Authors: William H. Armstrong
WILLIAM H. ARMSTRONG
To Kip, Dave, and Mary
“A man keeps, like his love, his courage dark.”
—Antoine de Saint Exupéry
FIFTY YEARS AGO
I learned to read at a round table in the center of a large, sweet-smelling, steam-softened kitchen. My teacher was a gray-haired black man who taught the one-room Negro school several miles away from where we lived in the Green Hill district of the county. He worked for my father after school and in the summer. There were no radios or television sets, so when our lessons were finished he told us stories. His stories came from Aesop, the Old Testament, Homer, and history.
There was a lasting, magnificent intoxication about the man that has remained after half a century. There was seldom a preacher at the whitewashed, clapboard Baptist church in the Green Hill district, so he came often to our white man’s church and sat alone in the balcony. Sometimes the minister would call on this eloquent, humble man to lead the congregation in prayer. He would move quietly to the foot of the balcony steps, pray with the simplicity of the Carpenter of Nazareth, and then return to where he sat alone, for no other black people ever came to join him.
He had come to our community from farther south, already old when he came. He talked little, or not at all, about his past. But one night at the great center table after he had told the story of Argus, the faithful dog of Odysseus, he told the story of Sounder, a coon dog.
It is the black man’s story, not mine. It was not from Aesop, the Old Testament, or Homer. It was history—
That world of long ago has almost totally changed. The church balcony is gone. The table is gone from the kitchen. But the story remains.
W. H. A
THE TALL MAN
stood at the edge of the porch. The roof sagged from the two rough posts which held it, almost closing the gap between his head and the rafters. The dim light from the cabin window cast long equal shadows from man and posts. A boy stood nearby shivering in the cold October wind. He ran his fingers back and forth over the broad crown of the head of a coon dog named Sounder.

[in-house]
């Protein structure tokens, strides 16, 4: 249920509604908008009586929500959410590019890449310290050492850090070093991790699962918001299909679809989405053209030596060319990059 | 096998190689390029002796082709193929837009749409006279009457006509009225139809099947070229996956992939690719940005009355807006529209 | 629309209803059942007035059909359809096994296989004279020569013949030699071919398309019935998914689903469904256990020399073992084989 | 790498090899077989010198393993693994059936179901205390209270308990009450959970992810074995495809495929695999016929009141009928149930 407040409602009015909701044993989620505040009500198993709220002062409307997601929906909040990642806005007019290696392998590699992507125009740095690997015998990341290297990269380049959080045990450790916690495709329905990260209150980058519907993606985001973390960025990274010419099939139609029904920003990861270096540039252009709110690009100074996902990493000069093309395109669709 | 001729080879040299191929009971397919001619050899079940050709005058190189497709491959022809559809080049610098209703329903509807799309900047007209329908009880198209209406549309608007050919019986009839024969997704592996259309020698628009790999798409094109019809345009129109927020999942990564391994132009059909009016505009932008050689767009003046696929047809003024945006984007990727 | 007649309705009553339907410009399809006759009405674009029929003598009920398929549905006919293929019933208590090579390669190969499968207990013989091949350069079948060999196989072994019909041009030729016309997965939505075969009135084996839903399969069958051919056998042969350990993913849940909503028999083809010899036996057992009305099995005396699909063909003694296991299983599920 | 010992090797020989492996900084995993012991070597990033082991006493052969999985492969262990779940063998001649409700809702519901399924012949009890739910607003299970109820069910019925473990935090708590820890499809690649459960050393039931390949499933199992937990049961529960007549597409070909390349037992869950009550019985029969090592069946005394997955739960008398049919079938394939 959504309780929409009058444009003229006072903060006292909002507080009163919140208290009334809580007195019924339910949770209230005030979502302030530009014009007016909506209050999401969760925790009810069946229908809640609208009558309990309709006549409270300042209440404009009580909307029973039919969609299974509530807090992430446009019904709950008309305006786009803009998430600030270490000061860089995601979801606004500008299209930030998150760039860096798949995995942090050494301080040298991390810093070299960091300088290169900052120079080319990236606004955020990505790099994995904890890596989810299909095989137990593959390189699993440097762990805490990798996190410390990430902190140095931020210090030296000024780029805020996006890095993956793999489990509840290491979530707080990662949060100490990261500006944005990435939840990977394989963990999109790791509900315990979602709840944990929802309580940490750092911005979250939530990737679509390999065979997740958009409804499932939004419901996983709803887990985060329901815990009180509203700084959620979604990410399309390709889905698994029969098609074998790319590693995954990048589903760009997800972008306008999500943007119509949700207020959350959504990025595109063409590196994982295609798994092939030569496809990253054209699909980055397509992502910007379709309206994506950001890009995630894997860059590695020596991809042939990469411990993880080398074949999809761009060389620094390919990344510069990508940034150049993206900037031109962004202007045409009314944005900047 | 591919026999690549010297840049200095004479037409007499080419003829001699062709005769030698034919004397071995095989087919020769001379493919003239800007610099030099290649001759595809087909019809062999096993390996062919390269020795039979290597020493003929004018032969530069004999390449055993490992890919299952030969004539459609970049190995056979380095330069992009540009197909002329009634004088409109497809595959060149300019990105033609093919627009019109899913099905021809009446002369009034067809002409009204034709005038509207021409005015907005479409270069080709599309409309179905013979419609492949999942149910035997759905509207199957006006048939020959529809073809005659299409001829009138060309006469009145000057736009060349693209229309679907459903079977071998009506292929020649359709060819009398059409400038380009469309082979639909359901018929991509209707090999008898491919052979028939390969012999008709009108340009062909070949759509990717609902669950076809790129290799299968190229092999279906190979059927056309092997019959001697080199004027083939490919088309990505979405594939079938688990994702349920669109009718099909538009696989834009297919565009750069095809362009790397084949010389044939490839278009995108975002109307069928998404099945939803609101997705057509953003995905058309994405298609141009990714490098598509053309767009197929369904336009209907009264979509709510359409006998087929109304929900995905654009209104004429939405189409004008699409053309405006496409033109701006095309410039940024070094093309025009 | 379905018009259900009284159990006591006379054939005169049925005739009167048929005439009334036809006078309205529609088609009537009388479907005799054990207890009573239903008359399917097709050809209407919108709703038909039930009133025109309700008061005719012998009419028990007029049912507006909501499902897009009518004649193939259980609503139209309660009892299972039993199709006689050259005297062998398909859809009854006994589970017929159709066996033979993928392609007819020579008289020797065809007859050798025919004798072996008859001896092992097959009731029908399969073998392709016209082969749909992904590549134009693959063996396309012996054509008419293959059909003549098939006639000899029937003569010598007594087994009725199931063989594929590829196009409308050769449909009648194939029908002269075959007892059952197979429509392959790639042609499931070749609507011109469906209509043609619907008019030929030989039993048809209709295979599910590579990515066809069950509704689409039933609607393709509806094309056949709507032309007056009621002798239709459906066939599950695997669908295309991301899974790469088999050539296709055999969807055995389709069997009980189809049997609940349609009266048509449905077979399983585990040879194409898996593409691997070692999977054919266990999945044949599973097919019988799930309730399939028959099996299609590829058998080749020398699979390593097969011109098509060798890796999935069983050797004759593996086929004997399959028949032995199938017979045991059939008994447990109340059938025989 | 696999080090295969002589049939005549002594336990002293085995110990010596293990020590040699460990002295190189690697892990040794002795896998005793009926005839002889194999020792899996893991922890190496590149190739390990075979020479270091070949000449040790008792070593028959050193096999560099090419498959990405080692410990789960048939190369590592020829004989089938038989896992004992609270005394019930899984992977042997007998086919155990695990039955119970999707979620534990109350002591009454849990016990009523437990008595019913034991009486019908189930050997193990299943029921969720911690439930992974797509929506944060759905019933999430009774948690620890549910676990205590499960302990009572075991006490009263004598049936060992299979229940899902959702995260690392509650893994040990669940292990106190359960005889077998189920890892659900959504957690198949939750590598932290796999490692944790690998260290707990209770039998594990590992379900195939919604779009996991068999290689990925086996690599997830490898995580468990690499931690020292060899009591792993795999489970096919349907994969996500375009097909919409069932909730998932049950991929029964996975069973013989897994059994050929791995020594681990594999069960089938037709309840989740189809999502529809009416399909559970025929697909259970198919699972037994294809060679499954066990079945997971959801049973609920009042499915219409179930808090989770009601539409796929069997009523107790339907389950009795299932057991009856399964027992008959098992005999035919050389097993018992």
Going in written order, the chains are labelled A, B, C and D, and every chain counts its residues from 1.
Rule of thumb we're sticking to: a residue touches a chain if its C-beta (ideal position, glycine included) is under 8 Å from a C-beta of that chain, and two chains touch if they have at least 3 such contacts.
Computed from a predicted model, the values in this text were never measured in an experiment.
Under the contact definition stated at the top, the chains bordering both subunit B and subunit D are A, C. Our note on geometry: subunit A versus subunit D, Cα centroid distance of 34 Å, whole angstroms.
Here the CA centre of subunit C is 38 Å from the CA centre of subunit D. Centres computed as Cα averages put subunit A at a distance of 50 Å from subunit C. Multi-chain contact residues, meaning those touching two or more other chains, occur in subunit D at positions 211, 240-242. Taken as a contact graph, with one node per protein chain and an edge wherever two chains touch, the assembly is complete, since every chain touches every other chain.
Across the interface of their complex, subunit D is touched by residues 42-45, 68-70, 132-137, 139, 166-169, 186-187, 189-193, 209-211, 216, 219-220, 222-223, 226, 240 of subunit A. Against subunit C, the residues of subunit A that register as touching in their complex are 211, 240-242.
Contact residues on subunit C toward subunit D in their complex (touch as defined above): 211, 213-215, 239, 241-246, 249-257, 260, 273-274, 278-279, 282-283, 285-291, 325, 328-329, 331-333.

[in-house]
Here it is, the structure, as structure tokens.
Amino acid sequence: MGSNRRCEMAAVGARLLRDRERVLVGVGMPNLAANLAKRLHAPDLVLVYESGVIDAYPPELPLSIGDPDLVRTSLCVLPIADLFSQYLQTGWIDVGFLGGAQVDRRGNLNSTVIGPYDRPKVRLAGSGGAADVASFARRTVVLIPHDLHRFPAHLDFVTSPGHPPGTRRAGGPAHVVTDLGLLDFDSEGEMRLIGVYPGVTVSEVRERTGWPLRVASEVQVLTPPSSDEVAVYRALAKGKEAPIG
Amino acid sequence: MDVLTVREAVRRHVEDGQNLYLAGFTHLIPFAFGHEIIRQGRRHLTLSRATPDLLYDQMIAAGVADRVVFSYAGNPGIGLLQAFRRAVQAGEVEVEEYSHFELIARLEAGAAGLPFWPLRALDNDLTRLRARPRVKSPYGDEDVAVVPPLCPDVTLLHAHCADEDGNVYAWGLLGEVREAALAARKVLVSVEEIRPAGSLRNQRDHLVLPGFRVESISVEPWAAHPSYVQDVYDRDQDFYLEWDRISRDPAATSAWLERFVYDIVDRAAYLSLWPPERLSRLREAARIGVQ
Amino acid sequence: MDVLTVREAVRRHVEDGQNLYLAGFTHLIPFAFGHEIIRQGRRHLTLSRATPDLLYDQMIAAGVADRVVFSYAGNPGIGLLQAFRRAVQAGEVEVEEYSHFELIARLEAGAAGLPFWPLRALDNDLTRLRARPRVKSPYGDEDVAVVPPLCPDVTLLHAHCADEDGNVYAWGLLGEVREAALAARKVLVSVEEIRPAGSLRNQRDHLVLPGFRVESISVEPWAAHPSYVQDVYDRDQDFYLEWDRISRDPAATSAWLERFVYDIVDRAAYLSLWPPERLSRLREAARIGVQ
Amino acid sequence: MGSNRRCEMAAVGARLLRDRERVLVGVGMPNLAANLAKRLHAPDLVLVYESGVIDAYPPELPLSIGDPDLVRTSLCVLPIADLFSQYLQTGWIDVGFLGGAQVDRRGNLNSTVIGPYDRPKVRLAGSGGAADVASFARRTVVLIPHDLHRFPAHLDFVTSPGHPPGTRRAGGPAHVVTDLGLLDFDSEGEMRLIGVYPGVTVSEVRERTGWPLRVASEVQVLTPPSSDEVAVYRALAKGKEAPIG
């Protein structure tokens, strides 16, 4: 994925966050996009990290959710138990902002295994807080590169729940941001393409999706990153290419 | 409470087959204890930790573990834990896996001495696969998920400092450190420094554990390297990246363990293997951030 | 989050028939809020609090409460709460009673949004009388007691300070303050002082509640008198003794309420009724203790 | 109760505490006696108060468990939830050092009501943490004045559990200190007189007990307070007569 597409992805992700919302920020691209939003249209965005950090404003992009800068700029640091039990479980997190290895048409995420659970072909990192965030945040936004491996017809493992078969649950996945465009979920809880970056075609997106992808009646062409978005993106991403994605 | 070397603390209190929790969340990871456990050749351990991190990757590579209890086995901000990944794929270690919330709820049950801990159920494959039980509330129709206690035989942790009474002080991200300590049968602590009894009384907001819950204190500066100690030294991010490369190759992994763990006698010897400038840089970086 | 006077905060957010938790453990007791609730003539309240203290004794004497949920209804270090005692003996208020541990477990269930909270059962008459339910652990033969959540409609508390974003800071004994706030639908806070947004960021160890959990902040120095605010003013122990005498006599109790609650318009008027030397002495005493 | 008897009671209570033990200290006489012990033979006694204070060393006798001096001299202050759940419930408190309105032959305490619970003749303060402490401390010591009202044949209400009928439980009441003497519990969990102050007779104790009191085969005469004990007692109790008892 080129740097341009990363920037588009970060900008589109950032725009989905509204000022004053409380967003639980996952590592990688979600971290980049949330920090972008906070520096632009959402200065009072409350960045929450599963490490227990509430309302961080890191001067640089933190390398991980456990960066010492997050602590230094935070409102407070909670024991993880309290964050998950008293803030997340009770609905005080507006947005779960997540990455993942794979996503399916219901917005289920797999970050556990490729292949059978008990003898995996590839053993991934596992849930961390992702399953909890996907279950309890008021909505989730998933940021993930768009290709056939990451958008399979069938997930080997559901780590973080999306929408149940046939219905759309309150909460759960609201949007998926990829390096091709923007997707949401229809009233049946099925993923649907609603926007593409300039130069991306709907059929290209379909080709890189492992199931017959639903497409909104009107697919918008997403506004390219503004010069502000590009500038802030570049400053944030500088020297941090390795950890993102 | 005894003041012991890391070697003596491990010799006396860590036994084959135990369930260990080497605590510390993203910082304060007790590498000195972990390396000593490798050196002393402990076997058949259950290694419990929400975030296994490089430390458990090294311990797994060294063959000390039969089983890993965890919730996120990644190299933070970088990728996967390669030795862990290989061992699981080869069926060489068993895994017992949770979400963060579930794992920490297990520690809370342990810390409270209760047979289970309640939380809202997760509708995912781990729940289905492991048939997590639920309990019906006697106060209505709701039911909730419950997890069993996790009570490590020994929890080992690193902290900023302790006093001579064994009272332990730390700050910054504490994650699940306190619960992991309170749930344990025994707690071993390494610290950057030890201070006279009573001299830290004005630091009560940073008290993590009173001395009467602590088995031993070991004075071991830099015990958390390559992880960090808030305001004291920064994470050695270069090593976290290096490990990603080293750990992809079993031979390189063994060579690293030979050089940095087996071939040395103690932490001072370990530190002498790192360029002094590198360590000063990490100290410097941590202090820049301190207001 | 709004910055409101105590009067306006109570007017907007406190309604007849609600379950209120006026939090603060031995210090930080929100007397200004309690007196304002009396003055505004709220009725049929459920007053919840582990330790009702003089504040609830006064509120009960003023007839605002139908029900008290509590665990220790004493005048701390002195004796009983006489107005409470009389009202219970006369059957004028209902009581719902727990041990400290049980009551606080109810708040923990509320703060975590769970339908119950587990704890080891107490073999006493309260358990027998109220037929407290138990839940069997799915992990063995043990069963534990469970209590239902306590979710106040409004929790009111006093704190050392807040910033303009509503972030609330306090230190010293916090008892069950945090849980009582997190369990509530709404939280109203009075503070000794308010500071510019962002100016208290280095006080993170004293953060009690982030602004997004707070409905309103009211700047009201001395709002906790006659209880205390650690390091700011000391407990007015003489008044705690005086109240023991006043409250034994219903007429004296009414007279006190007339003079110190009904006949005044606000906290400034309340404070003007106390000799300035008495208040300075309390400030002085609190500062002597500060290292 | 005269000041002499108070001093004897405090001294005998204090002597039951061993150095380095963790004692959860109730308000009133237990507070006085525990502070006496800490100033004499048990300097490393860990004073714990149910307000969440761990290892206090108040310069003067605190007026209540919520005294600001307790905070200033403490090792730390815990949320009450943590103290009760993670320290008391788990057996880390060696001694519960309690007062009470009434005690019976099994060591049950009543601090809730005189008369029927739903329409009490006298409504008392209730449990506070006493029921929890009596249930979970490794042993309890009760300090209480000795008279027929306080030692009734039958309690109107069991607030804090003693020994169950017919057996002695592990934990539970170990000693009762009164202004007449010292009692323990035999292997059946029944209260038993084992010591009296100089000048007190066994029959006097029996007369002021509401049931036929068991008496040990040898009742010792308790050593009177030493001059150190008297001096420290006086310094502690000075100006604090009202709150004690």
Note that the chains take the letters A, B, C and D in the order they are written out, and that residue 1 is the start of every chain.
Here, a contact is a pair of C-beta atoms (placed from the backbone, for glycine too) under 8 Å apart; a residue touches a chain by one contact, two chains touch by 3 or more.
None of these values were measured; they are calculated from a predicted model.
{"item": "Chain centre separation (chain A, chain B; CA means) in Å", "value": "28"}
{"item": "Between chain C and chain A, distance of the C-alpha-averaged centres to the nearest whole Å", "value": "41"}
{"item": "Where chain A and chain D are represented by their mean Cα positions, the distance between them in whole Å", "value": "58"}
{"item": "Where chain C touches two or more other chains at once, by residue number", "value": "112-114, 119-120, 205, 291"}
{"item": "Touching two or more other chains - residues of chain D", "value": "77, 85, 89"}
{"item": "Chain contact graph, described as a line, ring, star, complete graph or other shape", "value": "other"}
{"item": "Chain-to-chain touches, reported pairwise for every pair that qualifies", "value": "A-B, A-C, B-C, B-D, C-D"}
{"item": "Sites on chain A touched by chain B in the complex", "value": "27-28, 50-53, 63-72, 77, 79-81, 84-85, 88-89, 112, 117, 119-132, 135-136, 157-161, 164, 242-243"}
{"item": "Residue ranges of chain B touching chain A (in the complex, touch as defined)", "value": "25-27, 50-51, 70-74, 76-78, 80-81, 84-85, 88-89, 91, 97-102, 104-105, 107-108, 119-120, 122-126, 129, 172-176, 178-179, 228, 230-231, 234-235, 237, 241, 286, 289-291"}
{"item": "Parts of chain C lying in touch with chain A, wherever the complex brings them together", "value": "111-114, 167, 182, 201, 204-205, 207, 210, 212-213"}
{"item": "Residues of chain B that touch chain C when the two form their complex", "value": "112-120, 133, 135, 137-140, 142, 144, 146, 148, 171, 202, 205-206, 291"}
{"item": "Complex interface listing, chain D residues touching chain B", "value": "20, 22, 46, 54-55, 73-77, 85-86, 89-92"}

“Where did you first get Sounder?” the boy asked.
“I never got him. He came to me along the road when he wasn’t more’n a pup.”
The father turned to the cabin door. It was ajar. Three small children, none as high as the level of the latch, were peering out into the dark. “We just want to pet Sounder,” the three all said at once.
“It’s too cold. Shut the door.”
“Sounder and me must be about the same age,” the boy said, tugging gently at one of the coon dog’s ears, and then the other. He felt the importance of the years—as a child measures age—which separated him from the younger children. He was old enough to stand out in the cold and run his fingers over Sounder’s head.
No dim lights from other cabins punctuated the night. The white man who owned the vast endless fields had scattered the cabins of his Negro sharecroppers far apart, like flyspecks on a whitewashed ceiling. Sometimes on Sundays the boy walked with his parents to set awhile at one of the distant cabins. Sometimes they went to the meetin’ house. And there was school too. But it was far away at the edge of town. Its term began after harvest and ended before planting time.
Two successive Octobers the boy had started, walking the eight miles morning and evening. But after a few weeks when cold winds and winter sickness came, his mother had said, “Give it up, child. It’s too long and too cold.” And the boy, remembering how he was always laughed at for getting to school so late, had agreed. Besides, he thought, next year he would be bigger and could walk faster and get to school before it started and wouldn’t be laughed at. And when he wasn’t dead-tired from walking home from school, his father would let him hunt with Sounder. Having both school and Sounder would be mighty good, but if he couldn’t have school, he could always have Sounder.
“There ain’t no dog like Sounder,” the boy said. But his father did not take up the conversation. The boy wished he would. His father stood silent and motionless. He was looking past the rim of half-light that came from the cabin window and pushed back the darkness in a circle that lost itself around the ends of the cabin. The man seemed to be listening. But no sounds came to the boy.
Sounder was well named. When he treed a coon or possum in a persimmon tree or on a wild-grape vine, his voice would roll across the flatlands.
It wavered through the foothills, louder than any other dog’s in the whole countryside.
What the boy saw in Sounder would have been totally missed by an outsider. The dog was not much to look at—a mixture of Georgia redbone hound and bulldog. His ears, nose, and color were those of a redbone. The great square jaws and head, his muscular neck and broad chest showed his bulldog blood. When a possum or coon was shaken from a tree, like a flash Sounder would clamp and set his jaw-vise just behind the animal’s head. Then he would spread his front paws, lock his shoulder joints, and let the bulging neck muscles fly from left to right. And that was all. The limp body, with not a torn spot or a tooth puncture in the skin, would be laid at his master’s feet. His master’s calloused hand would rub the great neck, and he’d say “Good Sounder, good Sounder.” In the winter when there were no crops and no pay, fifty cents for a possum and two dollars for a coonhide bought flour and overall jackets with blanket linings.